Here are last month’s noteworthy cases, article and posts, as well as a few other cases that I didn’t have room for in last month’s wrap up post:

Noteworthy Defend Trade Secret Act and Other Federal Cases, Posts and Articles:

  • Can an employee be prohibited from communicating with his/her new employer’s lawyers? If there is a risk that they might share details of other trade secret disputes, they can, at least according to the U.S. Court of Appeals for the Sixth Circuit. In Stryker Emp. Co., LLC v. Abbas, Case No. 22-1563 (6th Cir. Feb. 16, 2023) (Clay, Bush, JJ.; Sutton, C.J.), the Sixth Circuit affirmed an injunction enforcing, among other things, a provision limiting the employee, Abbas, from communicating with his employer’s (Alphatec) counsel. Stryker was involved in three other cases against Alphatec involving other former Stryker employees, and the Sixth Circuit found that Abbas “was privy to confidential information that if disclosed to Alphatec or Alphatec’s counsel, would detrimentally affect Stryker” in those other lawsuits. McDermott Will & Emery’s Tessa Kroll has a summary of the decision. I have to confess this decision seems extreme, given that a standard confidentiality order would achieve the narrow purpose sought–protection of confidential information involving a pending litigation–and the breadth of this ruling may unfairly impinge on the ability of counsel to engage in joint defense communications.
  • The winner of this month’s Gladys Kravitz Award is EmergencyMD, LLC, an employer that couldn’t resist peering into the Gmail account of its former employee. That snooping led to a viable claim under the Stored Communications Act (SCA), ruled the U.S. Court of Appeals for the Fourth Circuit. In Carson v. EmergencyMD, LLCC, et al. the Fourth Circuit reversed the district court’s summary judgment dismissal of the former employee’s SCA claim, finding genuine issues of fact existed over whether the defendants’ accessing of the emails was unintentional and whether EmergencyMD’s policies authorized the defendants’ obtaining and disclosing their former employee’s emails.
  • How much risk does a cannabis-loving employee truly pose to his employer’s trade secrets? Not very much, according to Judge Kenneth Bell of the U.S. District Court for the Western District of North Carolina in Microban Int’l Ltd. v. William Bartley Kennedy. The employee had been terminated for ingesting a marijuana gummy bear before an important meeting, and Judge Bell found the former employee’s “hollow threats” to share his employer’s confidential information uttered during severance negotiations were insufficient for an injunction.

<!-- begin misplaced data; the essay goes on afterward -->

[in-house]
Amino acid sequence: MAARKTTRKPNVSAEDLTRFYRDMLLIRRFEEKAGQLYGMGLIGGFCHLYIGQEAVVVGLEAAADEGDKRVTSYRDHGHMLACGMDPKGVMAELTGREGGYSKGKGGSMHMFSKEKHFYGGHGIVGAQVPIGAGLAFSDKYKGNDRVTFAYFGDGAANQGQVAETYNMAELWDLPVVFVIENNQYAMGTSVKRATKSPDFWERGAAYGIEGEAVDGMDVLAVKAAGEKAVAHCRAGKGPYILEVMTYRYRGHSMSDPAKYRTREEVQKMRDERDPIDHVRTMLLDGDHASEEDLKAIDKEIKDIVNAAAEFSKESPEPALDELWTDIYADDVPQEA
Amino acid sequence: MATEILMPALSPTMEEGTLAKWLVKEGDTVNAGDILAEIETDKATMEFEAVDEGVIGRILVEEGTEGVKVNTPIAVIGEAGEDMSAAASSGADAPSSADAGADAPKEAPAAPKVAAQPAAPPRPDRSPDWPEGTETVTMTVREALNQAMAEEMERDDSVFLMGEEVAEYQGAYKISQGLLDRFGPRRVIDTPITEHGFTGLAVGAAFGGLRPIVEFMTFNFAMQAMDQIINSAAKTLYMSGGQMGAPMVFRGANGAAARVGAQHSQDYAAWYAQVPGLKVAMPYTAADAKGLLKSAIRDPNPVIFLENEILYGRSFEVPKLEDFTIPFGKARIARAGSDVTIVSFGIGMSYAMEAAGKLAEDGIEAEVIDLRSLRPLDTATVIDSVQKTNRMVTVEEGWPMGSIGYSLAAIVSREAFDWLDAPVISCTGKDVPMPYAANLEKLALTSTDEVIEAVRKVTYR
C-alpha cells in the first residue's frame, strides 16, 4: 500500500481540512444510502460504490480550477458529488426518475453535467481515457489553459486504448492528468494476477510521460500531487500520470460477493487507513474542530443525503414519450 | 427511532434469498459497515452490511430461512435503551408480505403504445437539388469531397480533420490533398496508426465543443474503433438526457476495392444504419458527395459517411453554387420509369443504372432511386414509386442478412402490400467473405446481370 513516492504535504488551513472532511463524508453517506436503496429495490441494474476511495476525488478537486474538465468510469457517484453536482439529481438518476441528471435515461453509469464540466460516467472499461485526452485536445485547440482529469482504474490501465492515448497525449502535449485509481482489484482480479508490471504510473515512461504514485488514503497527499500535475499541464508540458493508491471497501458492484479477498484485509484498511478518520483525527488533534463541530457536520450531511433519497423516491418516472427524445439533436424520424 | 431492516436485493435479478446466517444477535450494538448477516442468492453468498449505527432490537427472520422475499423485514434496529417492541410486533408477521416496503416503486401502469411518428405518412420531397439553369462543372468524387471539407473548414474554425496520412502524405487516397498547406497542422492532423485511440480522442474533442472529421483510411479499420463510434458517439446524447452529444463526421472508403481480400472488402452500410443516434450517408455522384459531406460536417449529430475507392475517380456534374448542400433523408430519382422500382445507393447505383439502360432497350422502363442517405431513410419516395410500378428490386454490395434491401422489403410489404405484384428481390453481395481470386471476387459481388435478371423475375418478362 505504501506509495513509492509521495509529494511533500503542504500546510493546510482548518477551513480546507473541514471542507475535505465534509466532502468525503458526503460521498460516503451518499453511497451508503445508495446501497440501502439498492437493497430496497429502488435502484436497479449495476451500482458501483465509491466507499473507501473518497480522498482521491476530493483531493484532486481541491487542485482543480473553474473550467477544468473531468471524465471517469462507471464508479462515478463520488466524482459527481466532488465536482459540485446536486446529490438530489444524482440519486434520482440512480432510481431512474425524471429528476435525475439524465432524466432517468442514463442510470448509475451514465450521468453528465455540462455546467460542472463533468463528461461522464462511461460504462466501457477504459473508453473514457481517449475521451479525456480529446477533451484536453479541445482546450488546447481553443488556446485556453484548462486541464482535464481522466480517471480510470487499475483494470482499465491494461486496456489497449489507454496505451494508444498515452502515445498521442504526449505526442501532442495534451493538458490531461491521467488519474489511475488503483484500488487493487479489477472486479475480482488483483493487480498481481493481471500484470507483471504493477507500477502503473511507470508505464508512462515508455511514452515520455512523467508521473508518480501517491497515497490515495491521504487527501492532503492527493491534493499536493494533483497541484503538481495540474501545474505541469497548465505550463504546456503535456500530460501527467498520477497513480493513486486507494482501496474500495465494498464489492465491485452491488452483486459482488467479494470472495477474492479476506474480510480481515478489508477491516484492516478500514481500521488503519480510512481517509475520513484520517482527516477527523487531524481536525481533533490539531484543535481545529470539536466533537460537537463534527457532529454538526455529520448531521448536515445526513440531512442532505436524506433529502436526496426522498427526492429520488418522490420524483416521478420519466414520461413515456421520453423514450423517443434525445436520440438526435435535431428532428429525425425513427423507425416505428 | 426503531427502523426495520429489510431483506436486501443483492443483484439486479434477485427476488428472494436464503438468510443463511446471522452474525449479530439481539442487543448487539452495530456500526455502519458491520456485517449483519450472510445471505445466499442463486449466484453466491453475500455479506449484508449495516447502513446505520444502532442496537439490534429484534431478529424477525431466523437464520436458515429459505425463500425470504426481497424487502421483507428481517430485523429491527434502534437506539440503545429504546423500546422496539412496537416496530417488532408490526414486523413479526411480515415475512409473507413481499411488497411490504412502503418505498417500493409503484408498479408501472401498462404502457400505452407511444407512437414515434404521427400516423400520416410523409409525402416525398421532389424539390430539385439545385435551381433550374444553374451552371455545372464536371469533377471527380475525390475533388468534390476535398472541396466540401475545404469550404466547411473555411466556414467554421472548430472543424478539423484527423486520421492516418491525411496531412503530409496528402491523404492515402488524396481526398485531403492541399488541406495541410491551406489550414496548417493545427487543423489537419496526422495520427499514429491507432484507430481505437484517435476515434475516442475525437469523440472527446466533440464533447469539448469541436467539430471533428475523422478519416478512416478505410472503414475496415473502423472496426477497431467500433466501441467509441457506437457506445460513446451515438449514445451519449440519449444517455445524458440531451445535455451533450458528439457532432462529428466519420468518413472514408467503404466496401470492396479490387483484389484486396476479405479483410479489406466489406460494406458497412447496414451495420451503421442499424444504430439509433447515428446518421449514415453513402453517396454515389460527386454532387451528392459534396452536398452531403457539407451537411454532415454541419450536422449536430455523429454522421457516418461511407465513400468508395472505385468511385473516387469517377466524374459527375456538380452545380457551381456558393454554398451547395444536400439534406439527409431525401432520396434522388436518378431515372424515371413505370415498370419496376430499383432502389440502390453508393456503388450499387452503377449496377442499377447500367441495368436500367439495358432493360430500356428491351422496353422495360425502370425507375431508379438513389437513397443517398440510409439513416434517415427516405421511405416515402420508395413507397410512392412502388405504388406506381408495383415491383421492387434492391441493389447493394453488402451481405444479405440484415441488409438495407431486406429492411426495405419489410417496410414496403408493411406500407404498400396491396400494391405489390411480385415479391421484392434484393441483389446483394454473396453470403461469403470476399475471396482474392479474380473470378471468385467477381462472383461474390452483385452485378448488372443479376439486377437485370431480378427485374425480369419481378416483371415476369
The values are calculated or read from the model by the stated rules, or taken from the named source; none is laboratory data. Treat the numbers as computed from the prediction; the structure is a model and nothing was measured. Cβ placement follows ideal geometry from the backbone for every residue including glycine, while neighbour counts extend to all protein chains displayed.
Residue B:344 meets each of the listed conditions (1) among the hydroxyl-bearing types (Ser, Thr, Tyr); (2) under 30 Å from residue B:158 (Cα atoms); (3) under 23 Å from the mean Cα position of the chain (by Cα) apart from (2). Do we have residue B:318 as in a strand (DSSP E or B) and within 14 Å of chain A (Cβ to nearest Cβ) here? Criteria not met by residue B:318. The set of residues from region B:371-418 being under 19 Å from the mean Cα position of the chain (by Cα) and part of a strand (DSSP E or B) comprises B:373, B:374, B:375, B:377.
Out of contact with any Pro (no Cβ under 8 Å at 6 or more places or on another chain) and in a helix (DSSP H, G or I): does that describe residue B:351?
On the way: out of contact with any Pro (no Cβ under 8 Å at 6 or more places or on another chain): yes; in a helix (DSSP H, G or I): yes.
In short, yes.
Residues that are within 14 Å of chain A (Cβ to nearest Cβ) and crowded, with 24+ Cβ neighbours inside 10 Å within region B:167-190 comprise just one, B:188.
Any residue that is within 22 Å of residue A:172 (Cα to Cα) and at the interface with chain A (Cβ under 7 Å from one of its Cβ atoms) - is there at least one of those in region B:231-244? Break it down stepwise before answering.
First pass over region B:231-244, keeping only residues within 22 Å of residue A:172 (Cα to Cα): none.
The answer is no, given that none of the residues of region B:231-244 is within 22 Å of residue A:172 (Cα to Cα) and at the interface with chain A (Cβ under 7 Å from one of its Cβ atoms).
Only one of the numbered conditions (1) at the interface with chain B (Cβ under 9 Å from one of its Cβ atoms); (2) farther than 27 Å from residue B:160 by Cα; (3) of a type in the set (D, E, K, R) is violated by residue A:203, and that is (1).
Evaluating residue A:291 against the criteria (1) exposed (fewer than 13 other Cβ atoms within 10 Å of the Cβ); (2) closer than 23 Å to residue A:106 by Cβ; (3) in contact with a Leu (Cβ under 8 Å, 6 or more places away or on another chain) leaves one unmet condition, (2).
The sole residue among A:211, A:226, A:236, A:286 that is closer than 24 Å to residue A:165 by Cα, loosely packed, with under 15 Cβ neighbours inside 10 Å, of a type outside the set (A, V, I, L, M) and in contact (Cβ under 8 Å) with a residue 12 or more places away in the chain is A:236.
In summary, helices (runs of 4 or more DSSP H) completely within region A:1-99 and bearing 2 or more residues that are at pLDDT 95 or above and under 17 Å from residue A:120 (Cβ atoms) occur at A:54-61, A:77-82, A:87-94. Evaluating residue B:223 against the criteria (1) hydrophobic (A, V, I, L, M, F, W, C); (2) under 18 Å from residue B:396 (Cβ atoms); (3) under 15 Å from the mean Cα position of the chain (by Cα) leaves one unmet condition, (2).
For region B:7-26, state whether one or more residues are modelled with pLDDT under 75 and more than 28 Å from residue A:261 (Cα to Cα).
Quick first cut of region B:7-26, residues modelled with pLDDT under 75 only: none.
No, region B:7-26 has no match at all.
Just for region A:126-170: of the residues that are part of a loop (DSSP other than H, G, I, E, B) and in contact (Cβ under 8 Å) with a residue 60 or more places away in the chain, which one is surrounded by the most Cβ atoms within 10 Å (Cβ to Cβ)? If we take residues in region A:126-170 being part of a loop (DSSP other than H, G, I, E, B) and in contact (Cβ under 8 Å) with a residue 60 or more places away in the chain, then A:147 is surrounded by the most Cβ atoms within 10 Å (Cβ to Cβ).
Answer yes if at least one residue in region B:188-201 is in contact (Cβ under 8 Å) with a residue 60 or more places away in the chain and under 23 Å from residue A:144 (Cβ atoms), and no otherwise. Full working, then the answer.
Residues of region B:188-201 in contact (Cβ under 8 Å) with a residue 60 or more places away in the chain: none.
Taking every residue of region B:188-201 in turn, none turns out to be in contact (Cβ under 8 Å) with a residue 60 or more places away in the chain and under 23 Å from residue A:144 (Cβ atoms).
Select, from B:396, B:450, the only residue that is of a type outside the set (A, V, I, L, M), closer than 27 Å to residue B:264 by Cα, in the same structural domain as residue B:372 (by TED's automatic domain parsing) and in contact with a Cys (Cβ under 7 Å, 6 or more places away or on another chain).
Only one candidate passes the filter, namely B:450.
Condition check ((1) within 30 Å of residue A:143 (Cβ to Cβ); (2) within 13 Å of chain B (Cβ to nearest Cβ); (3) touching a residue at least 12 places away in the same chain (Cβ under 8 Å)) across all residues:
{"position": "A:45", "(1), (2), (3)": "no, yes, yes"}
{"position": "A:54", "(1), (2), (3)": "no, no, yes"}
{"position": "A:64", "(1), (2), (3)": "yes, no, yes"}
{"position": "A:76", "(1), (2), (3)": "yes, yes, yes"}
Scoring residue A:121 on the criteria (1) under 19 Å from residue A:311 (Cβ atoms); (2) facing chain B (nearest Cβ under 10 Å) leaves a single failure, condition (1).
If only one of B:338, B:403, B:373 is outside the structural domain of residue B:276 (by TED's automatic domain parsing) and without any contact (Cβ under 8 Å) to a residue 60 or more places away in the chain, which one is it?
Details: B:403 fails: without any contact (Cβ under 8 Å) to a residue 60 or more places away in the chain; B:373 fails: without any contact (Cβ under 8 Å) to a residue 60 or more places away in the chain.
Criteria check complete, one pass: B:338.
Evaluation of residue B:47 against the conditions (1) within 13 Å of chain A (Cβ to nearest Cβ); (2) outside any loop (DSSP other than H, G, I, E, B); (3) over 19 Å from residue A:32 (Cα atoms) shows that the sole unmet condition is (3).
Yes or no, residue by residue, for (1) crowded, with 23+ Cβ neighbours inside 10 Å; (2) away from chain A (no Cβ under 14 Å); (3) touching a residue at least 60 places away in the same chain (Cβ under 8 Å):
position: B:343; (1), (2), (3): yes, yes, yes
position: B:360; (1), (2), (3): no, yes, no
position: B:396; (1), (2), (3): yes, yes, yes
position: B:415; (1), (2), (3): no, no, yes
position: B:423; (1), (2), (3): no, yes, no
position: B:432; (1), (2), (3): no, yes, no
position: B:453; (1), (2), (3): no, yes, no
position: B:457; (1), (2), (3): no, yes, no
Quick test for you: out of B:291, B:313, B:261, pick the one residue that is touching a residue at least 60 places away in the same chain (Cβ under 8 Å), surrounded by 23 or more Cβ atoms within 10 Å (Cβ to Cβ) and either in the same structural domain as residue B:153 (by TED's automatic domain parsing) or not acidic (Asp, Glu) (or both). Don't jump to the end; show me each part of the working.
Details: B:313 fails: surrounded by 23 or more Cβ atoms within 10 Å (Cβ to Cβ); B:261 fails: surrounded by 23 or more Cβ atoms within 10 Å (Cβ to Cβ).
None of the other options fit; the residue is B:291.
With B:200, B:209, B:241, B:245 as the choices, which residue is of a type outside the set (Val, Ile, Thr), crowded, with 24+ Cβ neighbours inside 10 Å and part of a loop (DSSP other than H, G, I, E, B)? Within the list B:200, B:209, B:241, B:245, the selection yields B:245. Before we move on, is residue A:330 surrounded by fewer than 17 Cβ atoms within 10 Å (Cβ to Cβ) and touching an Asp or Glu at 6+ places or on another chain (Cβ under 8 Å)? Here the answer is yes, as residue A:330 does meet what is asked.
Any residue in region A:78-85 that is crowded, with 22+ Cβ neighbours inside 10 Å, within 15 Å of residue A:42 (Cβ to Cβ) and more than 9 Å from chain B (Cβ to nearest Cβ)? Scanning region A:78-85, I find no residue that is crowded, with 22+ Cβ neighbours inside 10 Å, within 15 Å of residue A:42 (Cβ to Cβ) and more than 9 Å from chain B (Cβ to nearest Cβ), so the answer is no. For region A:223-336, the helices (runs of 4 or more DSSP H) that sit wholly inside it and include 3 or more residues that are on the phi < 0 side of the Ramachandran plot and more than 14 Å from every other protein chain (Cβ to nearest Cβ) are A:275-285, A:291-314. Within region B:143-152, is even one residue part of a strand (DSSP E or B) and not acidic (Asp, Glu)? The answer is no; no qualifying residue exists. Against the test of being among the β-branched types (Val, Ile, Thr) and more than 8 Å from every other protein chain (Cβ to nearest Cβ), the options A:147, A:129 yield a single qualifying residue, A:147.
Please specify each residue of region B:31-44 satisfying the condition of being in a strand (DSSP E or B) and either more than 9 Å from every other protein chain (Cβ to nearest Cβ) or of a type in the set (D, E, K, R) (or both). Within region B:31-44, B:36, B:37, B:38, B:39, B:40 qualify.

• Illinois proudly claims the title of the Land of Lincoln. But it has another honor that it doesn’t boast about nearly as much. It is the birthplace of the infamous inevitable disclosure doctrine (see PepsiCo, Inc. v. Redmond), a doctrine much maligned by scholars and lawyers representing employees in trade secret cases. Fortunately, the doctrine may be close to expiring as a recent case, Petrochoice, LLC v. Amherdt, suggests. Judge Jorge Alonso of the U.S. District Court for the Northern District of Illinois rejected the former employer’s inevitable disclosure argument, ruling that the information the former employer was attempting to limit (the employee Amherdt’s “level” of performance of his “sales skills”) “is precisely the sort of sales acumen that employees are permitted to take with them.”
  • When can a new employer be vicariously liable for its newly-hired employee’s alleged trade secret misappropriation? In Alert Enterprises, Inc. v. Rana, Judge Jacqueline Scott Corley of the U.S. District Court for the Northern District of California dismissed claims by a former employer to include a competitor, SoloInsight, who hired a former employee who had downloaded over 2,600 of Alert Enterprises’ files and deleted other information to cover up those and other transfers. SoloInsight represented that none of those files had been uploaded to its system, which the plaintiff had to acknowledge in its complaint. On this record, Judge Scott Corley found there were no plausible claims of use or disclosure by SoloInsight and that it could not be vicariously liable for conduct that occurred before it hired that employee.